Health status and demand for health care of the rural women: preliminary observations from the backward districts of Karnataka state, South India


  • S. Jyothi Lakshmi Department of Economics, Karnataka State Open University, Mysore, Karnataka, India
  • Shivakumarswamy Department of Economics, Karnataka State Open University, Mysore, Karnataka, India



Diseases, Health, Policy, Rural area, Women


Background: In the last few decades, rural people’s health care has garnered increased attention. Especially rural women are facing a variety of life-threatening diseases as a result of traditional health culture, gender-based health exclusion, and low socioeconomic status. This study attempted to disclose the health status and demand for health care of rural women in two backward districts of Karnataka state- south India.

Methods: The study has used a survey and interview methods of data collection from 426 rural women from two districts of Karnataka.

Results: This study found that women reaching menopause state face a slew of health issues; including anemia (44%), stress (63%) menstrual irregularities (39%), heart disease (47%), arthritis (50%), and diabetes (48%) from a low socio-economic profile. Women in the menopausal stage are the most impacted, followed by pre-menopause and reproductive groups. Per-capita income, level of education, and medical expenditure are decisive factors in the demand for quality health care.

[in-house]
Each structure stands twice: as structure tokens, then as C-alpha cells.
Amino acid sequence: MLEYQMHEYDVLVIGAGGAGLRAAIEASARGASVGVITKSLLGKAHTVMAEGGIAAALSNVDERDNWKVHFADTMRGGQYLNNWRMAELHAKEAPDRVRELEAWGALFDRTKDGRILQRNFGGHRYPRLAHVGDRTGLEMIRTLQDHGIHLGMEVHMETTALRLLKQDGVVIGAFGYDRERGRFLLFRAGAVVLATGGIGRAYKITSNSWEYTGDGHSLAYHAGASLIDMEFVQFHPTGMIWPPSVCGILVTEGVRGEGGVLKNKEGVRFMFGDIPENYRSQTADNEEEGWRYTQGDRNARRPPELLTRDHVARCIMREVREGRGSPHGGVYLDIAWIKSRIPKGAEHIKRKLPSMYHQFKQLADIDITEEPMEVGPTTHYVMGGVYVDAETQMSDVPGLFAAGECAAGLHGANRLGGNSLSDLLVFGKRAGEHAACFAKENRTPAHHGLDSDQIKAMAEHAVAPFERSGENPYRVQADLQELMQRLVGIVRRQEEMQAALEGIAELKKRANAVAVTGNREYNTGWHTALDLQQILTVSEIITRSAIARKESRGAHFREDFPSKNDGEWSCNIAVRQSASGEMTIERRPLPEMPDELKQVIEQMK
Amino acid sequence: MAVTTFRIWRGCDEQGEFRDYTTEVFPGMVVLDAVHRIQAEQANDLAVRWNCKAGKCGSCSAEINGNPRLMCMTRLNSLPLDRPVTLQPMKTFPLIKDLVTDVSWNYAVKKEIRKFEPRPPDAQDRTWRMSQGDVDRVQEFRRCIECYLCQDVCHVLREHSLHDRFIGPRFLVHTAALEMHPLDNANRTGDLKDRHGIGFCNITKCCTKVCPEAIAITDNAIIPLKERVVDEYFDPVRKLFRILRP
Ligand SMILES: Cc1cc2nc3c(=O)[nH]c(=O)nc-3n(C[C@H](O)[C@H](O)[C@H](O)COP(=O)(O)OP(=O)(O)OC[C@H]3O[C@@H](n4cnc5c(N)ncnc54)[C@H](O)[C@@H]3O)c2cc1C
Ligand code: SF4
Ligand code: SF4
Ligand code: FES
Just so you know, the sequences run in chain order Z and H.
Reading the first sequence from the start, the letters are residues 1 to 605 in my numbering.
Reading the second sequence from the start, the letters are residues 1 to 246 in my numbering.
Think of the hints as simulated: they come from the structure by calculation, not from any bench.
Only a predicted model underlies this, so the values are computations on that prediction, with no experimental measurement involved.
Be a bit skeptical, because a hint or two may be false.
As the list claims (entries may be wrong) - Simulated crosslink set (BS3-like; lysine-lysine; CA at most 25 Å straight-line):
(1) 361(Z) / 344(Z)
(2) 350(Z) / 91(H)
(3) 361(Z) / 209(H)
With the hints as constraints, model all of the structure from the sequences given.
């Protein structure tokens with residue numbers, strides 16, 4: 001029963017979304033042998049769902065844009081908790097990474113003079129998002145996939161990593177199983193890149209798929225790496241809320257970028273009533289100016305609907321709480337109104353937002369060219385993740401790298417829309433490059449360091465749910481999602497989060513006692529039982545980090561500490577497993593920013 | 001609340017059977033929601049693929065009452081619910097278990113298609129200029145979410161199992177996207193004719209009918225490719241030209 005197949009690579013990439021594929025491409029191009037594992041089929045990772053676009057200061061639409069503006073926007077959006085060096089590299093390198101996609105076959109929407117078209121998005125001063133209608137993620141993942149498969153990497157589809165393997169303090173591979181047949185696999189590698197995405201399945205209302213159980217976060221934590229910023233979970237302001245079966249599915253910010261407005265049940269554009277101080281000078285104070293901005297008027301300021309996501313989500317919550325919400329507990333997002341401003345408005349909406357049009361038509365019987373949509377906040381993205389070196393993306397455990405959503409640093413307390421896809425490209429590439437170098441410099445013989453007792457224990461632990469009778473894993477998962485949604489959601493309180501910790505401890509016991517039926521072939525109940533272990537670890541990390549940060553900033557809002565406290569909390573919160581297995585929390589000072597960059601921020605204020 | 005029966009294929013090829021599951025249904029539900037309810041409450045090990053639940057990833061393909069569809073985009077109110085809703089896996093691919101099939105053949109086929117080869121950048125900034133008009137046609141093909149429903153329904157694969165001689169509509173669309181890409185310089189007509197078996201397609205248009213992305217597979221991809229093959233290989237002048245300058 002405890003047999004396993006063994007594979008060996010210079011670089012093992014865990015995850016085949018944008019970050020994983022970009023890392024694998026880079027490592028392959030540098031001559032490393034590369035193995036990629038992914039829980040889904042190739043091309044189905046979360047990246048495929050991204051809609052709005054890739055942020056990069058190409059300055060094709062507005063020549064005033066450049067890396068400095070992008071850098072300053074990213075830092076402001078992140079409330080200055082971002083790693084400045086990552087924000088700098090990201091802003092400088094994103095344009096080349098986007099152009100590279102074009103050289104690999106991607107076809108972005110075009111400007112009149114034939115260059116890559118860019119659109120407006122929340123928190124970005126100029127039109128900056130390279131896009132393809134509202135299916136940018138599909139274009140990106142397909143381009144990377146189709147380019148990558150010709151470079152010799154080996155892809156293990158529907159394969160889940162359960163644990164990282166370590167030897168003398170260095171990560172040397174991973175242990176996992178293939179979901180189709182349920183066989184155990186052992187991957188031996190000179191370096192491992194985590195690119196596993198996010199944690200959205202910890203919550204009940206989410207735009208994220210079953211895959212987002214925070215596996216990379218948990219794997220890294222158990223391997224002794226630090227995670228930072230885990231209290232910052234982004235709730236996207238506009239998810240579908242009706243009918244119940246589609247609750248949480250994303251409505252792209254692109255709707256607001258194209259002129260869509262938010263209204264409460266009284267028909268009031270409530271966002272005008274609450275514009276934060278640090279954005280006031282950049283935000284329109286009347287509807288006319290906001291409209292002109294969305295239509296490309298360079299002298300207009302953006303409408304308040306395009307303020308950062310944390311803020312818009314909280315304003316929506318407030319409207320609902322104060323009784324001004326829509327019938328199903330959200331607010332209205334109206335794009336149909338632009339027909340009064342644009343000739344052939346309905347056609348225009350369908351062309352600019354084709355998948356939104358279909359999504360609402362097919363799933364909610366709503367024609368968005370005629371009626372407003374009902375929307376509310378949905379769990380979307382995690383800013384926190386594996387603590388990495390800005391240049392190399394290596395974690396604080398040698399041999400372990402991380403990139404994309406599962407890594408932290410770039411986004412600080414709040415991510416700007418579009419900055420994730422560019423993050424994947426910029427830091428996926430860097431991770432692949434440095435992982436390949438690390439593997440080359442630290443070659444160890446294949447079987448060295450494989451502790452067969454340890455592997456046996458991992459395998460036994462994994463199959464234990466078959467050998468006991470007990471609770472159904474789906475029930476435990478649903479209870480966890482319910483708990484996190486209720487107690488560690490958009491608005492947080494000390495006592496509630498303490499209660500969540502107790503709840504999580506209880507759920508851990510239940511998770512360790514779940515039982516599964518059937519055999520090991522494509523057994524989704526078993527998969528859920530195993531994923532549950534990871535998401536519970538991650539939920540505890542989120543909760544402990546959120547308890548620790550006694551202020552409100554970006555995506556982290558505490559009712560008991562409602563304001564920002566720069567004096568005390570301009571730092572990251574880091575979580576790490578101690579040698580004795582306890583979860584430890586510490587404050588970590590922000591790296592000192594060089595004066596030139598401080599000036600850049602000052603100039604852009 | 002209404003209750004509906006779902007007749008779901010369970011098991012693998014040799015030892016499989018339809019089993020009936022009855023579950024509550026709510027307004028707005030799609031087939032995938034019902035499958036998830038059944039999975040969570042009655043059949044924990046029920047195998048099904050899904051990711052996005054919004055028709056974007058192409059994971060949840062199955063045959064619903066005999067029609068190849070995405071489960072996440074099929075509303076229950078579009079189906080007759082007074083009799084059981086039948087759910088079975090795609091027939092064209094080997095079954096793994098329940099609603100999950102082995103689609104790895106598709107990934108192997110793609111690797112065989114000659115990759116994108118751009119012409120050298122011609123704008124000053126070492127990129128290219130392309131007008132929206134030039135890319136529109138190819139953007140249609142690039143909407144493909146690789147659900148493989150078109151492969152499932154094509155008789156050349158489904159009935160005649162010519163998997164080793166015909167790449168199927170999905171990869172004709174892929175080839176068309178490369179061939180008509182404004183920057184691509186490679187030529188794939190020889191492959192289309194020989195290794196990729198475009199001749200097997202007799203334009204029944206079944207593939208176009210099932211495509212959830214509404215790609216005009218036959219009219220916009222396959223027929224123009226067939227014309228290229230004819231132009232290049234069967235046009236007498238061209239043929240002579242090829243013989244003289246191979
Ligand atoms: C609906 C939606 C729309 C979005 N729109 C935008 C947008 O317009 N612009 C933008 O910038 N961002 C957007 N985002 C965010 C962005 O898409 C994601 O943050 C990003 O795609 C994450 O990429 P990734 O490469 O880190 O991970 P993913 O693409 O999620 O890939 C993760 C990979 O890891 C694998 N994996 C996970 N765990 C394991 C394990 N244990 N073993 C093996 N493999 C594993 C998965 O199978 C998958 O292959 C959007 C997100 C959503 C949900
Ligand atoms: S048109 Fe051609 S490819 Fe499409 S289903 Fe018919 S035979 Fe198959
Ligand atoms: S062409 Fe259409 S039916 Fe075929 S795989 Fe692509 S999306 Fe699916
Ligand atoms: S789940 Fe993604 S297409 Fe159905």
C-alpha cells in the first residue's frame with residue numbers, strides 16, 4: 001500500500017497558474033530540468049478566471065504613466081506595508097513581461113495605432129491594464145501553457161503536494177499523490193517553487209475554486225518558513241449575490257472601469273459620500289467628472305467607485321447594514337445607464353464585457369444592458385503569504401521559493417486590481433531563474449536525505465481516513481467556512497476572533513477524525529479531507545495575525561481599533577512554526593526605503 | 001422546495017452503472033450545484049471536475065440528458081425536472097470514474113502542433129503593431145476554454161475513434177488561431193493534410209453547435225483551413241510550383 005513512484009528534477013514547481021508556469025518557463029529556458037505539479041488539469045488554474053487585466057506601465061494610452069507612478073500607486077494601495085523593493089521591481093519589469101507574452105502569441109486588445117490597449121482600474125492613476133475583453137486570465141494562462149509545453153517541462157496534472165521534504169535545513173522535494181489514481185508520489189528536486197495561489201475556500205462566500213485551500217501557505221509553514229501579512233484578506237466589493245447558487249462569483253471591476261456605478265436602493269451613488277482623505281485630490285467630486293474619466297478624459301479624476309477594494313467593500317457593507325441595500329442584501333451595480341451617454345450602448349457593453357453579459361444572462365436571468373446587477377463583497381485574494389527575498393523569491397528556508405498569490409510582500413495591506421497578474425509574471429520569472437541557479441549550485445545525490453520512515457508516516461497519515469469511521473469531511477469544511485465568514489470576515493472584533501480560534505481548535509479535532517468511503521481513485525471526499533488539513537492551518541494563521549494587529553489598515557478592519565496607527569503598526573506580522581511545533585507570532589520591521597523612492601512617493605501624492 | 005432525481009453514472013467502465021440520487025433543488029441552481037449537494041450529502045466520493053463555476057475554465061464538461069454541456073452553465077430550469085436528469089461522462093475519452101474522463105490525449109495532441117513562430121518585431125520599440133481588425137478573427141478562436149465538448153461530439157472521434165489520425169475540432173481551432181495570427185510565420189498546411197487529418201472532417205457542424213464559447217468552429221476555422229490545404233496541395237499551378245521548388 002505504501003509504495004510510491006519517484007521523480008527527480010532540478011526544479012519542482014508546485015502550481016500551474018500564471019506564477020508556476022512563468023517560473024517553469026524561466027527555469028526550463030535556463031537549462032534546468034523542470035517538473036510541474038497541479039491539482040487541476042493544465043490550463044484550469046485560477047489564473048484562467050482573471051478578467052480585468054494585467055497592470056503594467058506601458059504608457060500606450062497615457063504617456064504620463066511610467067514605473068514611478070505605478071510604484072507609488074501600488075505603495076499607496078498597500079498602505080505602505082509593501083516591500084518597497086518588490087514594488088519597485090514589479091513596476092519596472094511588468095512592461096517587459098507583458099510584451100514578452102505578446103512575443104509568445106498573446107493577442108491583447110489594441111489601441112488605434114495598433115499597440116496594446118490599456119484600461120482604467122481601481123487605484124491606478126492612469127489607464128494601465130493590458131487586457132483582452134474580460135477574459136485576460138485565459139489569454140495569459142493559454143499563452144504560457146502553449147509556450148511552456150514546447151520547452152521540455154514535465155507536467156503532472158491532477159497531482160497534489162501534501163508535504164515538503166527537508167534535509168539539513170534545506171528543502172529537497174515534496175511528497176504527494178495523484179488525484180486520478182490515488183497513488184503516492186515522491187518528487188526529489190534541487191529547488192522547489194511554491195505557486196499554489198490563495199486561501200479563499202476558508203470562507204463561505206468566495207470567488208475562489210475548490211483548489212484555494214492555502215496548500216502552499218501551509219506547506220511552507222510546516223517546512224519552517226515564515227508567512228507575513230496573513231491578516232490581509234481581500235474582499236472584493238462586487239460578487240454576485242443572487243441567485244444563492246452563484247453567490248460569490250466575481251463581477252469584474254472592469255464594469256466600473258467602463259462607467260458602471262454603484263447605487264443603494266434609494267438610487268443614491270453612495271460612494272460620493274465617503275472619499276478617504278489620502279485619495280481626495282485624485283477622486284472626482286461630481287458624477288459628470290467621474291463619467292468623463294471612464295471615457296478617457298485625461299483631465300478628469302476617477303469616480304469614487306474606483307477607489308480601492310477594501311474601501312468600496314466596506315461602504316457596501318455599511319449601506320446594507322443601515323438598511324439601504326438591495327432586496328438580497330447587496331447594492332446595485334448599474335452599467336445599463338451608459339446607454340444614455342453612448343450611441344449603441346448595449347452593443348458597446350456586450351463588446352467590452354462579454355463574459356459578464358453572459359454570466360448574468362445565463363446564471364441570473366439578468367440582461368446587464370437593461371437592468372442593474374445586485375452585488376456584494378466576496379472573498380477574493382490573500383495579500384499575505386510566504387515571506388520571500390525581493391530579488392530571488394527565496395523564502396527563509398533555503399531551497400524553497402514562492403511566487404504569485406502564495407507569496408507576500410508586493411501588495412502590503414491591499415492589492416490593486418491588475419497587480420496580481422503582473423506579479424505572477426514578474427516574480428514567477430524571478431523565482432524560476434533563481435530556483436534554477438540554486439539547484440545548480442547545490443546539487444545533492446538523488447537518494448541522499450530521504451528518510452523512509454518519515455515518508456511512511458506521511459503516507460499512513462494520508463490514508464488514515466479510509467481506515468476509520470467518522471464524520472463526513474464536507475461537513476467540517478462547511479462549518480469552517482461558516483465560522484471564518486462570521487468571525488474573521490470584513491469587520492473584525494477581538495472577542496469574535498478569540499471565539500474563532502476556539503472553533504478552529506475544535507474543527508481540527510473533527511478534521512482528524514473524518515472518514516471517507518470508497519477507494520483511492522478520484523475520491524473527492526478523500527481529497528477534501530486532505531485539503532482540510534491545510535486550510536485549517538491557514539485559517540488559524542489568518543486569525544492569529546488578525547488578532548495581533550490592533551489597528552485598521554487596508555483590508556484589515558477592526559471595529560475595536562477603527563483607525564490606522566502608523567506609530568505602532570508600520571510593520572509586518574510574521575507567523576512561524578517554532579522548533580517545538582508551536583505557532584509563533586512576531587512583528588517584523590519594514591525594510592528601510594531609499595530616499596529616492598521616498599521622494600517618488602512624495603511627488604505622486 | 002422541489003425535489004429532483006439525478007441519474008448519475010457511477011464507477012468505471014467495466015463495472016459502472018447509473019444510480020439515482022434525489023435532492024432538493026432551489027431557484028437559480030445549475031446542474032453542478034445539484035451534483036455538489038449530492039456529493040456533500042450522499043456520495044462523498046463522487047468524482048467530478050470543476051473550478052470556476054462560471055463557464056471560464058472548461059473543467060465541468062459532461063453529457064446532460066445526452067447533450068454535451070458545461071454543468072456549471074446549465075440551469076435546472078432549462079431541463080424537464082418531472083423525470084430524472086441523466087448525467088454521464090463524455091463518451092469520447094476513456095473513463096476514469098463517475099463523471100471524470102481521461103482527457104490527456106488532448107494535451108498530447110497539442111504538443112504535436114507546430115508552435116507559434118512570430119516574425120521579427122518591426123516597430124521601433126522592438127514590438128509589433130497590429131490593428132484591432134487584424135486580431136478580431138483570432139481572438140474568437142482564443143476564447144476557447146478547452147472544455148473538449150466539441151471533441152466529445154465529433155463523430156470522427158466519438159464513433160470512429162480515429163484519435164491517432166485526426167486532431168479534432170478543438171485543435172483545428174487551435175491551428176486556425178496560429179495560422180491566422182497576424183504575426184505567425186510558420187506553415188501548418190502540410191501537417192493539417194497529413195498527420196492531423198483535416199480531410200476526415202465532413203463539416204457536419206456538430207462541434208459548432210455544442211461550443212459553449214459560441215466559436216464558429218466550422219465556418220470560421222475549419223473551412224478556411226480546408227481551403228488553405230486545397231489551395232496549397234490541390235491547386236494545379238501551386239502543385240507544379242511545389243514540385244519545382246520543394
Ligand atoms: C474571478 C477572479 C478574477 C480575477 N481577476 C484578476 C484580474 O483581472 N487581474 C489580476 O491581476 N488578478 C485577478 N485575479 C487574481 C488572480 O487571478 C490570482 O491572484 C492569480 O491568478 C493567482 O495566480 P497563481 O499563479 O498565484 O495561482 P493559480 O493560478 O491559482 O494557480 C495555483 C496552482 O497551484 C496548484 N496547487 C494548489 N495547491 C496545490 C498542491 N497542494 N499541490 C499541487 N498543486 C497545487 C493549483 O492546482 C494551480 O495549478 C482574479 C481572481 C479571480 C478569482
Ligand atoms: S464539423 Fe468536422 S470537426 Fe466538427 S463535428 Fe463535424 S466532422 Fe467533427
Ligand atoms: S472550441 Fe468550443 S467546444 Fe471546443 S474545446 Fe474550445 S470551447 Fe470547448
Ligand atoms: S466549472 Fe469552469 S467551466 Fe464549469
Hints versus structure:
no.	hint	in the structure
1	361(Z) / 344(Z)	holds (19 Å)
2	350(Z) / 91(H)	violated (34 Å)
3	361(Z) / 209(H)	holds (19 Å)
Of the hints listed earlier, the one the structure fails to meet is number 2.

Conclusions: Changing health culture has a close nexus with the socioeconomic status affecting rural health behaviour of women. Household income and occupation have a key role in determining women’s health. It is time to establish low-cost healthcare insurance for rural women and encourage the medical pluralism that exists in rural areas.



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How to Cite

Lakshmi, S. J., & Shivakumarswamy. (2023). Health status and demand for health care of the rural women: preliminary observations from the backward districts of Karnataka state, South India. International Journal Of Community Medicine And Public Health, 10(6), 2094–2101.



Original Research Articles